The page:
Jack was kind of . . . rude, but that was mostly because of how he compensated for his face blindness and the people he surrounded himself with. Jack doesn't have anyone in his life that inspires him to be his true self.

There was quite a bit of language and some sexual talk.

*I received this book from Blogging for Books for this review.

Monday, January 9, 2017

Spare and Found Parts by Sarah Maria Griffin

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Publication date: 2016
Publisher: Greenwillow Books
Pages: 306
My rating: 2.5 stars
Ages: 15+

Feeling as if she's always in the shadow of her mother's and father's contributions, Nell isn't sure if she can contribute anything of worth. Then she finds the mannequin hand at the river, she starts imagining making a man who would be exactly what she would need.

My first disappoint was when I realized that it wasn't a Victorian/steampunk novel based on the Tin Man like I thought, but instead a dystopian novel based on Frankenstein. The reasoning behind their society was never really explained, other than that it had something to do with computers. Then there was revelation that it was only their city and the rest of the world had continued on. It was hard to follow and didn't seem to make sense.

The writing was good and descriptive, but there were changes in point of view and verb tense, which seemed to have no real reason behind them. It was especially evident when it changed from third to second person. This was a little jarring.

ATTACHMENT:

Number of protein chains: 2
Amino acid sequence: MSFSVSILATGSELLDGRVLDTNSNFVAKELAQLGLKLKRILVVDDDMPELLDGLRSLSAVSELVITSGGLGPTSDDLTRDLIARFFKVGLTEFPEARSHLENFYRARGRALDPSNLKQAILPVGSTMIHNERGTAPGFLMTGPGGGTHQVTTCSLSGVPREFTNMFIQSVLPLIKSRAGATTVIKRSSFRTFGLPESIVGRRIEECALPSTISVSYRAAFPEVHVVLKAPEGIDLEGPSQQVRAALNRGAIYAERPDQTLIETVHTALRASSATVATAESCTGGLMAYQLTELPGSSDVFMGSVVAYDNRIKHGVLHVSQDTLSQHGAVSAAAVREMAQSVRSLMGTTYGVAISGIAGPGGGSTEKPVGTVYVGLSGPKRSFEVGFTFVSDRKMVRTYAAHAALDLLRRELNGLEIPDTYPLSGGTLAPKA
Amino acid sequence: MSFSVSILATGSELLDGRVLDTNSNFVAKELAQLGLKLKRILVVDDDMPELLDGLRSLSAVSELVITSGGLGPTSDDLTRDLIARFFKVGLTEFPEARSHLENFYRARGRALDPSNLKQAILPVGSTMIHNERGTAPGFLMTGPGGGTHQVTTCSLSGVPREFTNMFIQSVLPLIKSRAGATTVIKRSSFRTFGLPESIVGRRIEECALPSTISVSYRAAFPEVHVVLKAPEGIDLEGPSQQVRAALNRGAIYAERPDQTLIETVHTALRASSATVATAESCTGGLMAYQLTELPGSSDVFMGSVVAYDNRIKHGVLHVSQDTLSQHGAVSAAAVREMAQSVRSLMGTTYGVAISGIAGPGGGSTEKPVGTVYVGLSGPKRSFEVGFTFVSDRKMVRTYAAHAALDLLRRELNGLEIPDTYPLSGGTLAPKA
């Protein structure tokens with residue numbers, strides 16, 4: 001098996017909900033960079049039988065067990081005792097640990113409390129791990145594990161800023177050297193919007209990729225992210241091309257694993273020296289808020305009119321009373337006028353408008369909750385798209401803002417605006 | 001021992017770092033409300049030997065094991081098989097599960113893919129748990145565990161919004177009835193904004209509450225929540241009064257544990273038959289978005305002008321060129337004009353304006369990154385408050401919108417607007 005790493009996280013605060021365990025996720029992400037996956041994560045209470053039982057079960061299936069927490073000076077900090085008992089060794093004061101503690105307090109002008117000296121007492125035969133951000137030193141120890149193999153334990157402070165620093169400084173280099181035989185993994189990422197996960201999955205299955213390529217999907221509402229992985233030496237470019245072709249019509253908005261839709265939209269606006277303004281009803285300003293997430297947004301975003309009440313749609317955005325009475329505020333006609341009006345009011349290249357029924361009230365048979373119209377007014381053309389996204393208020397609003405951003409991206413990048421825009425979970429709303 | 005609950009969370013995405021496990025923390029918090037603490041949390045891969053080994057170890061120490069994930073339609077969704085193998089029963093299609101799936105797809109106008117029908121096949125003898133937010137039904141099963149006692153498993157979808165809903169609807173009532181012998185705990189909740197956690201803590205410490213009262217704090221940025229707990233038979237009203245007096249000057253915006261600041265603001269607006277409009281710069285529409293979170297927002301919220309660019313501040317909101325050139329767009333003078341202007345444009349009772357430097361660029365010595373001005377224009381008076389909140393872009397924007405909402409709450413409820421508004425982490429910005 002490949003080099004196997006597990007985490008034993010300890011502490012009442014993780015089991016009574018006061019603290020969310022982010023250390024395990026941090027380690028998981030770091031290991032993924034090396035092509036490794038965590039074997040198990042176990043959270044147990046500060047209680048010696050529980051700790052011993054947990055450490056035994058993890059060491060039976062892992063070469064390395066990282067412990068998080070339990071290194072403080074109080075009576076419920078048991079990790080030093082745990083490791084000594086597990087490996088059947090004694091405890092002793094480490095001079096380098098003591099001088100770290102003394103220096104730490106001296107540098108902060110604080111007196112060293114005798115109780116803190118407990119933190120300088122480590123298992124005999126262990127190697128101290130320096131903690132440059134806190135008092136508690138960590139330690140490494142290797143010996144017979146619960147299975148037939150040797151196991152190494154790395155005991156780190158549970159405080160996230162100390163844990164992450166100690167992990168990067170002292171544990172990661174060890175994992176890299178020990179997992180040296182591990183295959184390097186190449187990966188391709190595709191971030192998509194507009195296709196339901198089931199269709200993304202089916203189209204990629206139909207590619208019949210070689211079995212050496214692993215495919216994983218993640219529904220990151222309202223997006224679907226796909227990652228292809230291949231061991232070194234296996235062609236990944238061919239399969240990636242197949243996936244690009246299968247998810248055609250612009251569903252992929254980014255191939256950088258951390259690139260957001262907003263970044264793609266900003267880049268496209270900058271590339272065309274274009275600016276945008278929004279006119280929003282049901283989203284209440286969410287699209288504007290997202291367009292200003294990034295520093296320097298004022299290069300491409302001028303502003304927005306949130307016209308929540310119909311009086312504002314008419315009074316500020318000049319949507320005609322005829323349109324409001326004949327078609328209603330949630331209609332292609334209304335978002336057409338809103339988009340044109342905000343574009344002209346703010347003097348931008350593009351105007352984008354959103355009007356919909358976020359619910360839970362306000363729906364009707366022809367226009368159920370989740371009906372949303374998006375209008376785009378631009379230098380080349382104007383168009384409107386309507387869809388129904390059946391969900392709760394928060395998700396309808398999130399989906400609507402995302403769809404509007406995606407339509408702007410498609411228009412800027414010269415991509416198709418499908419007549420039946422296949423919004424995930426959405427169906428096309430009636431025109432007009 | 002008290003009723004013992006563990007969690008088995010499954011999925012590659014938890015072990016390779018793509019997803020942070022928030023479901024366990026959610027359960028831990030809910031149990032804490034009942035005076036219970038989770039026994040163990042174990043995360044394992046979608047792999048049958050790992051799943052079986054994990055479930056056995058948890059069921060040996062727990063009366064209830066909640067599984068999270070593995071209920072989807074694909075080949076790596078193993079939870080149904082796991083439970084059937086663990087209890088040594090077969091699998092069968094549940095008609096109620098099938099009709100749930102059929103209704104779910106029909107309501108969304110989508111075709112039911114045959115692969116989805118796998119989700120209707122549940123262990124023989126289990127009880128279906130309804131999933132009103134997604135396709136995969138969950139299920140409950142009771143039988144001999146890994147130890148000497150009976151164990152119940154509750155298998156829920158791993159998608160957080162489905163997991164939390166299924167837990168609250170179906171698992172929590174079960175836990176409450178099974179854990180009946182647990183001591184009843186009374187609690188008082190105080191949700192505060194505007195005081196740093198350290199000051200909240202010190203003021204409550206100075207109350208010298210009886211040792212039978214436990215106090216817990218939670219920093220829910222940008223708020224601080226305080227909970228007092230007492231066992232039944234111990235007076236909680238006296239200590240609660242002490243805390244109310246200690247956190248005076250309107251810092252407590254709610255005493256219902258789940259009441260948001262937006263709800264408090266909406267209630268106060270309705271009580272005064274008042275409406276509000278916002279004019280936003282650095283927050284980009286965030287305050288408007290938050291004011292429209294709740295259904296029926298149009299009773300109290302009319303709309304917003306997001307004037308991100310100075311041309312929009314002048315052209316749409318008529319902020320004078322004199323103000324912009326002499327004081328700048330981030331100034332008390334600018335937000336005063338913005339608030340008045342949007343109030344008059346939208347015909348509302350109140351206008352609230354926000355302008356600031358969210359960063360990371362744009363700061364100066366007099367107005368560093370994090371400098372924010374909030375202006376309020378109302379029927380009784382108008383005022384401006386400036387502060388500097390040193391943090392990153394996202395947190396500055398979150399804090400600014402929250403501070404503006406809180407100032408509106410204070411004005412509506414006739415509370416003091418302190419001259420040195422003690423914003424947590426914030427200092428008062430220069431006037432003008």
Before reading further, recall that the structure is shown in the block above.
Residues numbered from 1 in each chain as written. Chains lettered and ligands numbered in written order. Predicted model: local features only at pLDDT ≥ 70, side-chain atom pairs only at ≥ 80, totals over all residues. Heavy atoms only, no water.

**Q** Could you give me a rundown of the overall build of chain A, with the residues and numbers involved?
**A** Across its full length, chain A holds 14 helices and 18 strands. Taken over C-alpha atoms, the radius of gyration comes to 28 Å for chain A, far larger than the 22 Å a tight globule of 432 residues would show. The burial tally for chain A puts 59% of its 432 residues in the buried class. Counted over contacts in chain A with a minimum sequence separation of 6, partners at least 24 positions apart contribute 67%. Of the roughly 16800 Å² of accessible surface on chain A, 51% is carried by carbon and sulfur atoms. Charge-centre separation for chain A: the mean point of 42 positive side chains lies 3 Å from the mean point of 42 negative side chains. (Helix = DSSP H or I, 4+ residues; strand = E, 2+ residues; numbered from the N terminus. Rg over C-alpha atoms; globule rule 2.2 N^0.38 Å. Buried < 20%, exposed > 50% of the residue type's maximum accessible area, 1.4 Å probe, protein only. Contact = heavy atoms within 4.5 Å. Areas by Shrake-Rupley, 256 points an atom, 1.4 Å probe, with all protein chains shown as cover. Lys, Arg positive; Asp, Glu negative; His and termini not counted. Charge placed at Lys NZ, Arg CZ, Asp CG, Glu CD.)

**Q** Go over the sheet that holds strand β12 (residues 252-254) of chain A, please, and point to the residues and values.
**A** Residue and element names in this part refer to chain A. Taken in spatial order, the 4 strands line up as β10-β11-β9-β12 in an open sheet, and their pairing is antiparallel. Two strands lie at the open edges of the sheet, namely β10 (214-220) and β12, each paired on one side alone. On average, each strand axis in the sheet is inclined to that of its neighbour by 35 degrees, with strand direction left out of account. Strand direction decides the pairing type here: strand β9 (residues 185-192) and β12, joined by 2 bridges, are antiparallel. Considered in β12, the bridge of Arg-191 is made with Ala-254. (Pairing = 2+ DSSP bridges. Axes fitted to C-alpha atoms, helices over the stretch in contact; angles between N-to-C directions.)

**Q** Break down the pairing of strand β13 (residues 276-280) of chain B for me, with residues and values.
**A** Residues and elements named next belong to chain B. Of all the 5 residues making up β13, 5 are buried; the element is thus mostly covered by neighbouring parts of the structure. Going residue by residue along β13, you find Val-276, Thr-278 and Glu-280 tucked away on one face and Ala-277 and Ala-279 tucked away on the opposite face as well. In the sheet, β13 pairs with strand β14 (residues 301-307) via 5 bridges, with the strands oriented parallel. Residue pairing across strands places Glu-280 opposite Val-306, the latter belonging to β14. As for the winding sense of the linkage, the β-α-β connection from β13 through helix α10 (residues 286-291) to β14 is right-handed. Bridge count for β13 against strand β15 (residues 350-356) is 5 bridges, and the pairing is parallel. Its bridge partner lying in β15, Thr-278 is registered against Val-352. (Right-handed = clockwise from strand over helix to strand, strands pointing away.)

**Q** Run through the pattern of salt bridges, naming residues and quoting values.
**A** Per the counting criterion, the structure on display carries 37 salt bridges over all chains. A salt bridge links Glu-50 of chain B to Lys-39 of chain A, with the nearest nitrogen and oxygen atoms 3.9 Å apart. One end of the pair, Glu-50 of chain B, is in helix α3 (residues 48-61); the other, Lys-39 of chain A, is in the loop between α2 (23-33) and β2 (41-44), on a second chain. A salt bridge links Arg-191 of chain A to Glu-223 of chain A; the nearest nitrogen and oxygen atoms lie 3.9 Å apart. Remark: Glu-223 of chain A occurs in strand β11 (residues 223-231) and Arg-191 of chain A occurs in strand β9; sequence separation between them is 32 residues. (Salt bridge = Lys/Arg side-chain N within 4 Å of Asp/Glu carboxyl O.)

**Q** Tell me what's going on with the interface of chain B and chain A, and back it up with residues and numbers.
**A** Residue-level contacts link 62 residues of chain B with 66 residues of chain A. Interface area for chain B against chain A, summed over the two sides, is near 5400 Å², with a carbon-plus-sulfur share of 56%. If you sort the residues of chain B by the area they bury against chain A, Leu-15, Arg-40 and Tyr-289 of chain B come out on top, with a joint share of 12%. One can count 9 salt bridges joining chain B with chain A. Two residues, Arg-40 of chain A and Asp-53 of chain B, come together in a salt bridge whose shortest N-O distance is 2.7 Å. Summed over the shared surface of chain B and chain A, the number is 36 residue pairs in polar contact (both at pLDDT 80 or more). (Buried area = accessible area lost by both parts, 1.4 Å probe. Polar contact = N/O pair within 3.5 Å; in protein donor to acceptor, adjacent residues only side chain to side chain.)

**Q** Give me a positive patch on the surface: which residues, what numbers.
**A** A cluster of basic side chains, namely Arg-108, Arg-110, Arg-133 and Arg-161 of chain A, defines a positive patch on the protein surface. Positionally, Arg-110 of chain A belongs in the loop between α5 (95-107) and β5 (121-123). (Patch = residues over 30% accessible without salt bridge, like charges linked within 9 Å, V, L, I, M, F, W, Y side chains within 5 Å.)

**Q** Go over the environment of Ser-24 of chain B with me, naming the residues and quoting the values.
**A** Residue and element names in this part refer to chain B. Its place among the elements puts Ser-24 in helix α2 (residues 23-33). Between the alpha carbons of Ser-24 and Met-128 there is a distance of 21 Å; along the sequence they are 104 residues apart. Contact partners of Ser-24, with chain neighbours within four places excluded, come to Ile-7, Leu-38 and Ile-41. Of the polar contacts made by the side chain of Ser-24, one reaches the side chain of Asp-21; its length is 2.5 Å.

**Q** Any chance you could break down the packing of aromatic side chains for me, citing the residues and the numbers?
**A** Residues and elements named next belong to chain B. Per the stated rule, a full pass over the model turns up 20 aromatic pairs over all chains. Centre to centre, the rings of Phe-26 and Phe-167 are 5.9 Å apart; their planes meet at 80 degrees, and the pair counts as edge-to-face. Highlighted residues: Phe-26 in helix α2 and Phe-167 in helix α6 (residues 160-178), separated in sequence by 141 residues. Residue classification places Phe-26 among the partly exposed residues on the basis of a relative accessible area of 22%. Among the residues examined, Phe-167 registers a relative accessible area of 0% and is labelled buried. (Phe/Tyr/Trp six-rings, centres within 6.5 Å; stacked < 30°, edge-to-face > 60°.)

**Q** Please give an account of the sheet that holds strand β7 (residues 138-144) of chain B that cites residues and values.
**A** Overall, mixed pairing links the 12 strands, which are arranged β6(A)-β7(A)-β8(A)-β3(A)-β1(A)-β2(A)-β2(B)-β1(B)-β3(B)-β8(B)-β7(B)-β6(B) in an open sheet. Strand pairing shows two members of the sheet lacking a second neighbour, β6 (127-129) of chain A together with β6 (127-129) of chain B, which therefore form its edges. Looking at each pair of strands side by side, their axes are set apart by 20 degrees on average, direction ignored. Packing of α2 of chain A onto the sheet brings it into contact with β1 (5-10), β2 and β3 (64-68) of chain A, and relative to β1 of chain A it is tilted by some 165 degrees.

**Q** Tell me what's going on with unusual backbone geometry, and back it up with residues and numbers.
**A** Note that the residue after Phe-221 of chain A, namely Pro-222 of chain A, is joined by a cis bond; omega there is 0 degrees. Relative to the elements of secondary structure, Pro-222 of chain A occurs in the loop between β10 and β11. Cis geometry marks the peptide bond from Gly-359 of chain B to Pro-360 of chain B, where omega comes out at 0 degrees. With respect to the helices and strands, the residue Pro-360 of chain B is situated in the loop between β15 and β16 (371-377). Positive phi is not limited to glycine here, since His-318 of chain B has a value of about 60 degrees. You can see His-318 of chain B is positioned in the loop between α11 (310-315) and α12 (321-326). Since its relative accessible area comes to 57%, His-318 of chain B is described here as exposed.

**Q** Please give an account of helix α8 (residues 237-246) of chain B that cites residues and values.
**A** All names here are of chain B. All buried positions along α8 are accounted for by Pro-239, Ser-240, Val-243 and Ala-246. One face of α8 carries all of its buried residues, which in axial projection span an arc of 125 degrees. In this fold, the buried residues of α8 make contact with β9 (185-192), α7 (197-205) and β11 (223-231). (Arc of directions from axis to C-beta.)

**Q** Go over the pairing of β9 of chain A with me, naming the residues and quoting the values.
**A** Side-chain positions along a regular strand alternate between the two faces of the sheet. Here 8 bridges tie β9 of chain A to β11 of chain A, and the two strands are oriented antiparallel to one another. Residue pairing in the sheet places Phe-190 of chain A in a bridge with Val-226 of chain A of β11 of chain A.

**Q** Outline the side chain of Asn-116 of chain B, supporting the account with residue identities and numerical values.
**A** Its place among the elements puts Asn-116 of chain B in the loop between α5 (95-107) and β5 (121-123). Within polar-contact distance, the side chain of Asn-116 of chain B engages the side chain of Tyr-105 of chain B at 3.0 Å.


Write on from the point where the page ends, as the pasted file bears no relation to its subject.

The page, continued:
Nell also seemed moody and anti-social for no reason at all. She shied away from her friends, though she seemed to be popular, and found being touched annoying. There was nothing in her history that seemed to show why she would be that way, making her annoying to read about. It's difficult to read something when you don't like the main character.

There was no language and no sex.

*I do not receive compensation from Amazon.

Monday, January 2, 2017

Where Am I Now? True Stories of Girlhood and Accidental Fame by Mara Wilson

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Publication date: 2016
Publisher: Penguin Books
Pages: 255
My rating: 5 stars
Ages: 16+

Most people know Mara Wilson from when she played the title role in Matilda. In this book of essays, Wilson talks about her childhood as a star, her family, and what it's like to be an adult who is still seen as her most famous character--who happens to be an eight-year-old.

I don't know if I can even describe how I felt reading this book. It only took me a day to read, and had me in tears several times. Wilson is only a year older than me, and I could see myself in her, so I understood the world she was talking about. I may never have become a child star, but that is such a small part of who she is.

I remember going to see Matilda in theaters for a friend's birthday party (I had to leave during the cake eating part because it made me feel sick). And then, I have to be honest, I hadn't really thought about Wilson after that. Until I started listening to Welcome to Night Vale, a strange podcast where she has a small recurring role. Then I started following her on Twitter, and she's funny and smart and down to earth. So all of that kind of sparked my interest, and the book was definitely something I felt like I needed to read.

I'm glad I did. I like knowing about people, what makes them tick, why they are the way they are. Wilson opened up pieces of her life in this book, including her struggle with mental health, the openness of which is something that I appreciate. Each essay is like glimpsing through a window of Wilson's life-house, going from childhood, teenage years, and adult at different times, focusing on different things. It was a refreshing way to read a person's memoirs, instead of strictly chronologically. Wilson's openness and honesty were sincere and endearing.

There is some strong language and sexual references.

*I do not receive compensations from Amazon.